What HB595 does is put the burden on consumers (homeowners/shareholders) to convince the AG to investigate their allegations that their HOA is running an unfair election or denying access to records.

But the law goes even further than that, by preventing or delaying valid complaints to the AG, subject to two conditions. More on that in a moment.

Although exisiting HOAs are not required to establish an ADR process, HOA attorneys are already warning boards that, if they don’t adopt ADR, homeowners can go straight to the AG with their complaints. In other words, HOAs have a self-protection incentive to establish ADR.

So from CAI-PADELVAL’s (Community Associations Institute, Pennsylvania-Delaware Valley Chapter) point of view, the new law is only a first step toward protecting their trade group members and their industry, by way of shielding HOA boards from liability. The goal is to make it difficult to file a complaint in the first place, and to prevent complaints from becoming part of the public record.

Besides, many HOA legal and management professionals are already marketing their ADR services to association-governed communities, creating an additional revenue stream. (Check out this link from New Jersey CAI.)

 

Homeowners should demand repeal of the conditions for filing a complaint with the PA AG

A good first “baby step” in favor of homeowners would be to repeal the two conditions for filing a complaint with the Pennsylvania Attorney General, Bureau of Consumer Protection. Those conditions are:

1) the association member must be in “good standing,” and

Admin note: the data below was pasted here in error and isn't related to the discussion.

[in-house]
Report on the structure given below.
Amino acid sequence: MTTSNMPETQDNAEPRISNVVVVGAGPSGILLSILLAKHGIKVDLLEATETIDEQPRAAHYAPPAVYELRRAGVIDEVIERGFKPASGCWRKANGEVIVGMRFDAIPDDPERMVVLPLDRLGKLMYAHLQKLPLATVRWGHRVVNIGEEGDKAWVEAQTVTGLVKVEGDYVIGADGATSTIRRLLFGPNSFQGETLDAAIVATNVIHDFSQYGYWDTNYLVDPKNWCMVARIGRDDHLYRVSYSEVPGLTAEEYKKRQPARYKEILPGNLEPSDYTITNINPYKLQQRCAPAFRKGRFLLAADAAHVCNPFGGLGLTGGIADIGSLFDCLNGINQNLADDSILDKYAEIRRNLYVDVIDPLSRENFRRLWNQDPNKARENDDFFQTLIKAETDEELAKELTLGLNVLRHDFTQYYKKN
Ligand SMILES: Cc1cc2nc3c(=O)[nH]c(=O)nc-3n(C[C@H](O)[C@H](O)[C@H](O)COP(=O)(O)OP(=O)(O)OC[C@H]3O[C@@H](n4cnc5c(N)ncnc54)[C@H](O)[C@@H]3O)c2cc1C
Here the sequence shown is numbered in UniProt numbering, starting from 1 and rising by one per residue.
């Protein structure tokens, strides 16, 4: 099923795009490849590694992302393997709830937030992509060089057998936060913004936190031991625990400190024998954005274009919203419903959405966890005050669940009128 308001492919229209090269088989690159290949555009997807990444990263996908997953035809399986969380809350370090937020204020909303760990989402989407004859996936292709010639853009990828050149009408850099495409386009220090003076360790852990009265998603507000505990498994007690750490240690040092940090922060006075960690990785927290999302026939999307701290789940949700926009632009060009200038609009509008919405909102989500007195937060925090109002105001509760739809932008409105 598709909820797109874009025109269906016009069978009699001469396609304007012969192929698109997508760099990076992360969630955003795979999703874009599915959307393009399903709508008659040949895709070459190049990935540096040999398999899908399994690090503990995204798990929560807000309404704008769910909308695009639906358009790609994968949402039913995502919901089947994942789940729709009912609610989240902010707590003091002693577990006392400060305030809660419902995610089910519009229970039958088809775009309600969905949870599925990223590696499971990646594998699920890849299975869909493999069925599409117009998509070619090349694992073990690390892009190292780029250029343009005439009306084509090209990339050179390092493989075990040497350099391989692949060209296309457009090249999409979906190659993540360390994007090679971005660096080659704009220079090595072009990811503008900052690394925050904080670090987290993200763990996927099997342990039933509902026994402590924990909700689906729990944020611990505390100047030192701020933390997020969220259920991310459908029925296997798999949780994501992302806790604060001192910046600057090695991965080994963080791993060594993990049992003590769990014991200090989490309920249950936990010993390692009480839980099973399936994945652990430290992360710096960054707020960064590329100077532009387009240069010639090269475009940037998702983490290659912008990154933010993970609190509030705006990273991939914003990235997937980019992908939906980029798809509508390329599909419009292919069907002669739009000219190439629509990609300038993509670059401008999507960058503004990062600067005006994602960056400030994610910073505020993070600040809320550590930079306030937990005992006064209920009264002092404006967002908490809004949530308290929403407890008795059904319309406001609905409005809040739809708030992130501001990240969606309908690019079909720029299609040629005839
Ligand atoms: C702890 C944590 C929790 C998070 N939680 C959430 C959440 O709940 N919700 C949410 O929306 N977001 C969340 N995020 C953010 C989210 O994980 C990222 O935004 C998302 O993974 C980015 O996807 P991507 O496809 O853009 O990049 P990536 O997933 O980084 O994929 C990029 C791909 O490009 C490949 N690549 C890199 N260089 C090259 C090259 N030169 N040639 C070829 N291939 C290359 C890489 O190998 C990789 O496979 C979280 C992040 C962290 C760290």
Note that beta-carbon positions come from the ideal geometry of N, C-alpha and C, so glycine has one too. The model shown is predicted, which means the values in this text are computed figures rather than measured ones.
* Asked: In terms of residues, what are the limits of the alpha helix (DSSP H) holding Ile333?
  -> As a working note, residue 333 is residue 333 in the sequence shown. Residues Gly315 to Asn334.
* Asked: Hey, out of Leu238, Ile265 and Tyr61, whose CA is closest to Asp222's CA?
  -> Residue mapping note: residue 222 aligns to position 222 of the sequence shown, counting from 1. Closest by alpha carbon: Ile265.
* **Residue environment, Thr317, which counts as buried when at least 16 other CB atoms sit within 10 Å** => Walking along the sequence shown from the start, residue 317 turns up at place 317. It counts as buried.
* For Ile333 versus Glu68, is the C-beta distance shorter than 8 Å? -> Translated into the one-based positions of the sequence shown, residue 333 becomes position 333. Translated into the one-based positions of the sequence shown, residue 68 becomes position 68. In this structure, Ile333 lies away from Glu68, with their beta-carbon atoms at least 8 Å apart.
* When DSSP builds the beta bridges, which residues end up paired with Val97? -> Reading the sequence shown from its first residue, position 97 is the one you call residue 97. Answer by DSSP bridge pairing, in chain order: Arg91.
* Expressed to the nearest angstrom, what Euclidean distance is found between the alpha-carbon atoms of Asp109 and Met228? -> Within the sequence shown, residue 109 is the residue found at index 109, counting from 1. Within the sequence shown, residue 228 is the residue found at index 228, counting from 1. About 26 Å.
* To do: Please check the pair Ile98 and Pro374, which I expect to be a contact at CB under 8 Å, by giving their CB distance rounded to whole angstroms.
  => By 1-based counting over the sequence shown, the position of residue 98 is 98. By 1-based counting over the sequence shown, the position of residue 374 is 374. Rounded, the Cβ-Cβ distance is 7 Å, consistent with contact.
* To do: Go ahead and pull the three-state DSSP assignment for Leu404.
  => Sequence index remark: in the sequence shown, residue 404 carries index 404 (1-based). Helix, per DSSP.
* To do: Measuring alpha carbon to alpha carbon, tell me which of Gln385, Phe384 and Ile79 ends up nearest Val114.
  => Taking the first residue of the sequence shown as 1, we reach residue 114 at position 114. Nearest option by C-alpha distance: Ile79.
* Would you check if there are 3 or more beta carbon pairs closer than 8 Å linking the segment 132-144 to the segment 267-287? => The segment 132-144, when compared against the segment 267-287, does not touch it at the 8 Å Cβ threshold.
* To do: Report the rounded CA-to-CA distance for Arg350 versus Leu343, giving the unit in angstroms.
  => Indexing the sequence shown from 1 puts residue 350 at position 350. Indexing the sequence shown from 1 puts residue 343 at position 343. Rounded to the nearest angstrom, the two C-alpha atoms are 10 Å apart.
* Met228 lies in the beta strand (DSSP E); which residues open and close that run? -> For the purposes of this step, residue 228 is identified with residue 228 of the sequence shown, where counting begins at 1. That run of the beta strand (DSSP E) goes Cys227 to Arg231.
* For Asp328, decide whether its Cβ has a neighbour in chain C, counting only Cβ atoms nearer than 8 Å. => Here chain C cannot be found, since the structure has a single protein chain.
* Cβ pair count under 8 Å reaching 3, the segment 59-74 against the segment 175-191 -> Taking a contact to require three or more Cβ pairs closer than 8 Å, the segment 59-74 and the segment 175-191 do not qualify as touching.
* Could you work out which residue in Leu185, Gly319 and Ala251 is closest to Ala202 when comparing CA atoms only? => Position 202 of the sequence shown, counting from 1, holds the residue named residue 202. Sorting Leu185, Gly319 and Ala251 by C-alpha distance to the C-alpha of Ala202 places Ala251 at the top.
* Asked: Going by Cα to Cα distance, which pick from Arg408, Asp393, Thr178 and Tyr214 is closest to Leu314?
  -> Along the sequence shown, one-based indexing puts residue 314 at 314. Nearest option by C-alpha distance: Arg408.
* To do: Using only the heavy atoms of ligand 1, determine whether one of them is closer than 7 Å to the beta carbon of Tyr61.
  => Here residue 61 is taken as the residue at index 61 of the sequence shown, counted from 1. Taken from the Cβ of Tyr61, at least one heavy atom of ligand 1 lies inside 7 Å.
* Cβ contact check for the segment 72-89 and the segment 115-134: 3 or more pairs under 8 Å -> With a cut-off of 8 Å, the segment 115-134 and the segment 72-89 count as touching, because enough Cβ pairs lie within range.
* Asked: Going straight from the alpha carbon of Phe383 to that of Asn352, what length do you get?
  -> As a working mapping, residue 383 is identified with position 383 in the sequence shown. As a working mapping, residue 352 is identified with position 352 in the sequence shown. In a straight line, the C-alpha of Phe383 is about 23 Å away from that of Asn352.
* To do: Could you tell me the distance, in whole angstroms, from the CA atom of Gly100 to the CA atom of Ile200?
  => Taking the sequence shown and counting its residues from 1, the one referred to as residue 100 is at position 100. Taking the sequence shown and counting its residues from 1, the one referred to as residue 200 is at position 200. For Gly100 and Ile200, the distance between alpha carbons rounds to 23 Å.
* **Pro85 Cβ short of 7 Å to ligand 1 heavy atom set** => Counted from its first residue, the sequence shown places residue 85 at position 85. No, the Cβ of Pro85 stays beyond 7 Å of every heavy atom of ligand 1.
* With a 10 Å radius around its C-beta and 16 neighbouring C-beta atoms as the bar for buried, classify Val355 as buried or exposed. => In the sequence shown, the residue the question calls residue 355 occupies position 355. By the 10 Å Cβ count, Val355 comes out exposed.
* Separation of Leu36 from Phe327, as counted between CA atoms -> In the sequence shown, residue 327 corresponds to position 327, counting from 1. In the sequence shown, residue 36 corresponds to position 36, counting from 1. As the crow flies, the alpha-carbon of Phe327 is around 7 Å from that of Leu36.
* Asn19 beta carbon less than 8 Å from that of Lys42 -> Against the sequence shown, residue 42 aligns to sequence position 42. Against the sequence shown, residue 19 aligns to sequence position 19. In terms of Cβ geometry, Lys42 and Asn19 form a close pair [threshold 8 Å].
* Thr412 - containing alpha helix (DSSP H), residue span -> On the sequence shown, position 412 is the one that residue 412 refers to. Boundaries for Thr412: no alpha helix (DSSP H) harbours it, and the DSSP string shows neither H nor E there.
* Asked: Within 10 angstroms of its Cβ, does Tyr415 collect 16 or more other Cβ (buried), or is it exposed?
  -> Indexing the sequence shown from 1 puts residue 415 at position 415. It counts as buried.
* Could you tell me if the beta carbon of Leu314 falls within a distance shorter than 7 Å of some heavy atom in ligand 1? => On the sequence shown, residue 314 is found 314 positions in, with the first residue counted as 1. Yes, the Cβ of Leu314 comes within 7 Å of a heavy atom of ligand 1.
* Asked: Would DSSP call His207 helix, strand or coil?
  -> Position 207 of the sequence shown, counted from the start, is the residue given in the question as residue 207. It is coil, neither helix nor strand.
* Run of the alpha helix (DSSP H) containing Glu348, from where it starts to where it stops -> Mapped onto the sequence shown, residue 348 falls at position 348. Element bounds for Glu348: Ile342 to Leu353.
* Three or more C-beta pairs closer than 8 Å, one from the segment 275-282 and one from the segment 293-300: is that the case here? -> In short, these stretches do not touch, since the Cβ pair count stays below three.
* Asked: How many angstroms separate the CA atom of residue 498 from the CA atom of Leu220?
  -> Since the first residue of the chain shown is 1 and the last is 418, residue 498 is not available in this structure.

2) a mandate that the owner exhaust the association’s ADR, if available, and wait 100 days, before filing the complaint.

Just think — a dishonest or abusive board can destroy a lot of records, ballots, and proxies in 100 days, while the homeowner is engaged in ADR or waiting for the HOA to respond to their request for ADR.

And, given that HOAs often have the authority to impose fines and collect assessments, the “good standing” requirement is also troublesome.

I hear from owners almost daily that their HOA insists their account is delinquent, even though they can prove payment was made in full and on time. Owners often tell me that the HOA has fined them in apparent retaliation for disagreeing with a board member. Disputes over nonpayment of assessments or fines should not prevent members from filing a complaint. After all, the HOA does not have to prove it is “in good standing” and abiding by its own duties, before filing its complaints (such as a fine or a lien against the home) against one of its members.